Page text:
This summer, my Paul and I have been visiting a variety of churches within our basic local radius (last week’s was a stretch, geographically, so if we go again it will likely only ever be as visitors, but we did “get a lot out of it,” truly), trying to discern where God wants us to go next, and it’s just weird to me, because I haven’t ever had to wonder about it this much. It’s also different because this is the first time I’ve been trying to make these decisions with someone. I’m grateful that for the most part my Paul and I have had similar responses to the churches we’ve visited. Incidentally, I think all of our responses have been largely positive.

It seems like, while we’re open to larger Evangelical churches which are more similar to what I grew up with and where Paul’s been worshiping the last few years, at the moment we both prefer smaller mainline churches with fairly traditional services, but where the orthodox Christian gospel (God, the Three-in-One, made humans in His image. Humans messed up the relationship. Jesus, who is God, became human to show us what a human-in-relationship-to-God is supposed to look like, then died to take the penalty for our really really serious mess-up, and then broke the power of death by coming back to life a few days later, so that we can live in His life by His Spirit) is communicated in word and service. (Note to Evangelical skeptics: We have found at least three such congregations this summer, although one was on our Back-of-Beyond vacation a few weeks ago and we won’t be commuting up there.)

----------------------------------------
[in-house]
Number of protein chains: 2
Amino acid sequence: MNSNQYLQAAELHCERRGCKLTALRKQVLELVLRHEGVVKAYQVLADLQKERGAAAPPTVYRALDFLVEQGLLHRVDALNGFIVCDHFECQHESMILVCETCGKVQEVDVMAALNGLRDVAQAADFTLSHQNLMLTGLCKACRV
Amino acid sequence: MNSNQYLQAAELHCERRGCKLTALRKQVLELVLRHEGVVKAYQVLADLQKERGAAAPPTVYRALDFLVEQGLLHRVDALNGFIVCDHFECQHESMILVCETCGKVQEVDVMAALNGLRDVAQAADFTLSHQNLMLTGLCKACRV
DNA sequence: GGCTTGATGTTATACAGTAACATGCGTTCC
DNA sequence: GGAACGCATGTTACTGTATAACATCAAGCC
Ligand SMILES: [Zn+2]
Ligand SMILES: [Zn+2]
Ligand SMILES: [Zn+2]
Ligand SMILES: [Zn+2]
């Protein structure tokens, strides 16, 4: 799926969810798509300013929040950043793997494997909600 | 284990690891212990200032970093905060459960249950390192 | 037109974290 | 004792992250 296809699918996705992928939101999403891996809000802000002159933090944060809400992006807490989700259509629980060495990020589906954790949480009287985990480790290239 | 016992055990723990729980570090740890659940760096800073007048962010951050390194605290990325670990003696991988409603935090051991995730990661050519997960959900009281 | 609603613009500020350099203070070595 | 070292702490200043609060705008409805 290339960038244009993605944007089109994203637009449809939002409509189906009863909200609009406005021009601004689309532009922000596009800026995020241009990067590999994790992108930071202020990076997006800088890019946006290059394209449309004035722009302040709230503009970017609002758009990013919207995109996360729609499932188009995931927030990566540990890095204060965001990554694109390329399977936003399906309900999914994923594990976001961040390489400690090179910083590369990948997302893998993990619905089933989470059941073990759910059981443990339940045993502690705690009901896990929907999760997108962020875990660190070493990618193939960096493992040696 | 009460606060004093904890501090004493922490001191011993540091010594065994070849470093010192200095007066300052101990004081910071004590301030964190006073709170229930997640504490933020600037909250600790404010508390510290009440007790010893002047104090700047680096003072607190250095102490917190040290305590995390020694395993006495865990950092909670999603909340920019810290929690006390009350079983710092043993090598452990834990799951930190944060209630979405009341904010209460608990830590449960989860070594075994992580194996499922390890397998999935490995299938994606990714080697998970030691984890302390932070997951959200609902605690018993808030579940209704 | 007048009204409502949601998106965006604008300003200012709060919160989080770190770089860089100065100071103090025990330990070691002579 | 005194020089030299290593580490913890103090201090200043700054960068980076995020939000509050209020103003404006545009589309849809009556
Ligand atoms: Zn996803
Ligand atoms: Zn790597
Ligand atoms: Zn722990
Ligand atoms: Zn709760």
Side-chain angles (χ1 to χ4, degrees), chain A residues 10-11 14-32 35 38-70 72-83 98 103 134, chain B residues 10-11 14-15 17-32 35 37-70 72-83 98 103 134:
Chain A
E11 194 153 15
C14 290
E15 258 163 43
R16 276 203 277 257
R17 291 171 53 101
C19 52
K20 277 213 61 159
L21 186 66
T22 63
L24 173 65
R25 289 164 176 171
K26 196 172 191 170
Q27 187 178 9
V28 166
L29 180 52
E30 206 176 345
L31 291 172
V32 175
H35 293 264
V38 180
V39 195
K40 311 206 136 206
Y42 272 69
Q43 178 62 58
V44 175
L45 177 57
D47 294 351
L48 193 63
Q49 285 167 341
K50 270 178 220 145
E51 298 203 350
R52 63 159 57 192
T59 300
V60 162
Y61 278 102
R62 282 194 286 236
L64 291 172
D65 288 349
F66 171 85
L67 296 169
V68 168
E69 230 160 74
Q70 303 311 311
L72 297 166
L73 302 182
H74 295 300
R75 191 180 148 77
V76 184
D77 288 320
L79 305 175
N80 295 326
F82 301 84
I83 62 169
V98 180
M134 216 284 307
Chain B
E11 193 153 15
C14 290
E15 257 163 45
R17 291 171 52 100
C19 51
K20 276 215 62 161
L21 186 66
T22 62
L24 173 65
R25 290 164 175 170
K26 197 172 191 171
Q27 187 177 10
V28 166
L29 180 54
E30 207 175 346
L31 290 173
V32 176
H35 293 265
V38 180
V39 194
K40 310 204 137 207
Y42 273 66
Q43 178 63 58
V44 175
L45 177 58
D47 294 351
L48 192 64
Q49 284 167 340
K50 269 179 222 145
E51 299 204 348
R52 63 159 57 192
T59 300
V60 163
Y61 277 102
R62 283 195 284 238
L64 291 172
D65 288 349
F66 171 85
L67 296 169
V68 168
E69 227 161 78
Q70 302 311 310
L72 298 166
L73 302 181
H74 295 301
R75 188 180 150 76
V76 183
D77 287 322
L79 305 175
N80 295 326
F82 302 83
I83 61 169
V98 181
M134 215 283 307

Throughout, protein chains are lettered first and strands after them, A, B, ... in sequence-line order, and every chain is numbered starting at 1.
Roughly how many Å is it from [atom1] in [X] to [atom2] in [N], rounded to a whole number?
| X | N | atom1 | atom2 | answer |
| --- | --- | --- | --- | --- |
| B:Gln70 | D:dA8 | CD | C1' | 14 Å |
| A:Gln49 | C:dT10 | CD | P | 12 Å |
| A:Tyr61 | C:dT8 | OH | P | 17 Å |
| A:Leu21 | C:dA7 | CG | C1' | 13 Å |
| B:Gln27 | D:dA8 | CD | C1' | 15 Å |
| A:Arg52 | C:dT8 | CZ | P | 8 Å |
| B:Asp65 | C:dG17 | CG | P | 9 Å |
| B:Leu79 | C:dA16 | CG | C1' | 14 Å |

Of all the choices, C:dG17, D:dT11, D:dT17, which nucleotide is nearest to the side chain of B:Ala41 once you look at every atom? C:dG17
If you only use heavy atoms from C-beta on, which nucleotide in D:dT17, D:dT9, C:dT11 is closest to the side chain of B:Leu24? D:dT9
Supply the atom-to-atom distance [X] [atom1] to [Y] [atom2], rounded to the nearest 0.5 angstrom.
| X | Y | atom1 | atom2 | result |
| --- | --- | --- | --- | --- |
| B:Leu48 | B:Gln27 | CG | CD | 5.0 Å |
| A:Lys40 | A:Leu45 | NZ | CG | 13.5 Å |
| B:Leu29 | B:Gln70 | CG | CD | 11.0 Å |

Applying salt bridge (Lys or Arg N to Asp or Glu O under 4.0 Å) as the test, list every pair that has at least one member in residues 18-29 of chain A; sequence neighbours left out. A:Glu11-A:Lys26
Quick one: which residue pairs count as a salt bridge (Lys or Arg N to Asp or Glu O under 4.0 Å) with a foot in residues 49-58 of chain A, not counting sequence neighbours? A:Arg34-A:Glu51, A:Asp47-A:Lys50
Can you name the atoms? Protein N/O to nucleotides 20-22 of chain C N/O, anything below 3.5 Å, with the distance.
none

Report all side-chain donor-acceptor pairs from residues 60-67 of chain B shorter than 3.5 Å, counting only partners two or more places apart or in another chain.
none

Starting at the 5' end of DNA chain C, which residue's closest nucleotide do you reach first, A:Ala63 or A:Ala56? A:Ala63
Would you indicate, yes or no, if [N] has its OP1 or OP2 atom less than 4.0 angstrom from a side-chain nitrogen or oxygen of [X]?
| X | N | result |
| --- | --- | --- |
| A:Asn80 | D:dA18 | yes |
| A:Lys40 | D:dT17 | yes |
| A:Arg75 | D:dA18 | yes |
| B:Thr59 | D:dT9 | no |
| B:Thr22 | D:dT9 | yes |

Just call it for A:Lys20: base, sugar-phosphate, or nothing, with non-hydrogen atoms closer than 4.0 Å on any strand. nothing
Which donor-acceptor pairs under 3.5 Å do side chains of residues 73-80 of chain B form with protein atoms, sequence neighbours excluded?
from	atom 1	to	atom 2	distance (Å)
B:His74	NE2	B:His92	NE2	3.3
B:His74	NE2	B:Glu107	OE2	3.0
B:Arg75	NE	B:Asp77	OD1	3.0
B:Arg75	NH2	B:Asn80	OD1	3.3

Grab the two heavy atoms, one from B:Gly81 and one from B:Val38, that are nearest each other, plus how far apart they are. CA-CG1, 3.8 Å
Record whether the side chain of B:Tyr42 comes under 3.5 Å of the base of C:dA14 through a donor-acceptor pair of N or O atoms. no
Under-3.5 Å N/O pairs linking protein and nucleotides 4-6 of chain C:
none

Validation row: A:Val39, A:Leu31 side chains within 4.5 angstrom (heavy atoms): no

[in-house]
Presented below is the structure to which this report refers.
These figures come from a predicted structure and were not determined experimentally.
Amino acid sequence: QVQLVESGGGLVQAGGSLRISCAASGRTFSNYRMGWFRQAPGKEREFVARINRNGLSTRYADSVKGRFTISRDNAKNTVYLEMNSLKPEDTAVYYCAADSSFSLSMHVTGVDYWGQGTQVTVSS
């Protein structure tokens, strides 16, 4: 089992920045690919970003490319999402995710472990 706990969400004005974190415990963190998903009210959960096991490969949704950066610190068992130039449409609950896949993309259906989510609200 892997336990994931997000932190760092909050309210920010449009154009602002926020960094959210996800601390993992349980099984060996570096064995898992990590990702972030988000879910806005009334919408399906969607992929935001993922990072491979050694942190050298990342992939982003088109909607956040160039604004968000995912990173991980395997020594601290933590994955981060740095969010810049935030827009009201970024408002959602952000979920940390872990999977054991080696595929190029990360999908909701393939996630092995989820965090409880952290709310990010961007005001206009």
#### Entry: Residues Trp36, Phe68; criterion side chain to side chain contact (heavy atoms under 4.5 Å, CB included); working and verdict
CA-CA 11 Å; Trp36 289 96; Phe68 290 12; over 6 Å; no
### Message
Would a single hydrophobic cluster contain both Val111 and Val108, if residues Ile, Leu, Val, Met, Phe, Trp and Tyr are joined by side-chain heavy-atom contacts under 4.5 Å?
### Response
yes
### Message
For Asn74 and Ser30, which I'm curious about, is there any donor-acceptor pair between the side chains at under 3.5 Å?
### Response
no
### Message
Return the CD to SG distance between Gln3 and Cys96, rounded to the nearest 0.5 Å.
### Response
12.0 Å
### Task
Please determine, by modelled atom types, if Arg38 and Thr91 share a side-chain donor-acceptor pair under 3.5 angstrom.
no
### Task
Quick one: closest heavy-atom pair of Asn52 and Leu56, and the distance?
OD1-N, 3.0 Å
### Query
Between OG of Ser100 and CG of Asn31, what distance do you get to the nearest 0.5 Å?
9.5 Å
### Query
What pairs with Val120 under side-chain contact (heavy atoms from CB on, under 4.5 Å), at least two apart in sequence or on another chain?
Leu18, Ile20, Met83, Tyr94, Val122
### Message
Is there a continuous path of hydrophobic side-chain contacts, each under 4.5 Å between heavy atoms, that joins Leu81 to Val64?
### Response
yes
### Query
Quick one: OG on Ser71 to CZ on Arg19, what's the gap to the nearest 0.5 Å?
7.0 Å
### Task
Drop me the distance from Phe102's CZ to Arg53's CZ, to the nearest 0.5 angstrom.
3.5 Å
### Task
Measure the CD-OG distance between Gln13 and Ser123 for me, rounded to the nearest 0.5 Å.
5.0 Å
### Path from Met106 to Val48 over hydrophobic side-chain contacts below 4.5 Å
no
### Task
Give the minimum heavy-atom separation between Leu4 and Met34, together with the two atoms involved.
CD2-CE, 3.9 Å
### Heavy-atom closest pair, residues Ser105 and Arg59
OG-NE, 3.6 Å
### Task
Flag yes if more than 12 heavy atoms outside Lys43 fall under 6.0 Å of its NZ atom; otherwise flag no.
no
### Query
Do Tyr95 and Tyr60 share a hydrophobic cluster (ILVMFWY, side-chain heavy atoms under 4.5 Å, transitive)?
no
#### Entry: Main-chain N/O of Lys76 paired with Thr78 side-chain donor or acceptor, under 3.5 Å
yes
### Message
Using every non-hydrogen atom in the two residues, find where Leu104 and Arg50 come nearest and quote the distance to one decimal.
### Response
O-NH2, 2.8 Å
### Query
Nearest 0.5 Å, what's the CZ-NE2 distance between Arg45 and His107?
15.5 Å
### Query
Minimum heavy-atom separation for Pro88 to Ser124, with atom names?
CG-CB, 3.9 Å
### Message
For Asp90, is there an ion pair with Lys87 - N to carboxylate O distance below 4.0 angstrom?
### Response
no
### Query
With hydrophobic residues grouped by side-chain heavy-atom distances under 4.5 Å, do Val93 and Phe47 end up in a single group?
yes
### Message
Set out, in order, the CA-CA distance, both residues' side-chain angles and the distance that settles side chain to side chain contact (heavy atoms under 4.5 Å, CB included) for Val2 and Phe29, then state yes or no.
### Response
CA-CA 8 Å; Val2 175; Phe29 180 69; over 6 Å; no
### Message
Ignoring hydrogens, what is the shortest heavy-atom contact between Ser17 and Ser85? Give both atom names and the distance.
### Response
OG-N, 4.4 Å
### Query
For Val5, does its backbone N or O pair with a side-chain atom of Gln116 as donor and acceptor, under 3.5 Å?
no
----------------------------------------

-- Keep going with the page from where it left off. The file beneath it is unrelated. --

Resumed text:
It’s kind of interesting, visiting all these places, finding out what our current church preferences are (and that they’re similar) and letting the experience continue to inform my ideas about Church, since I’ve been thinking about it so much this summer.

But it’s still weird, guys. It’s still weird.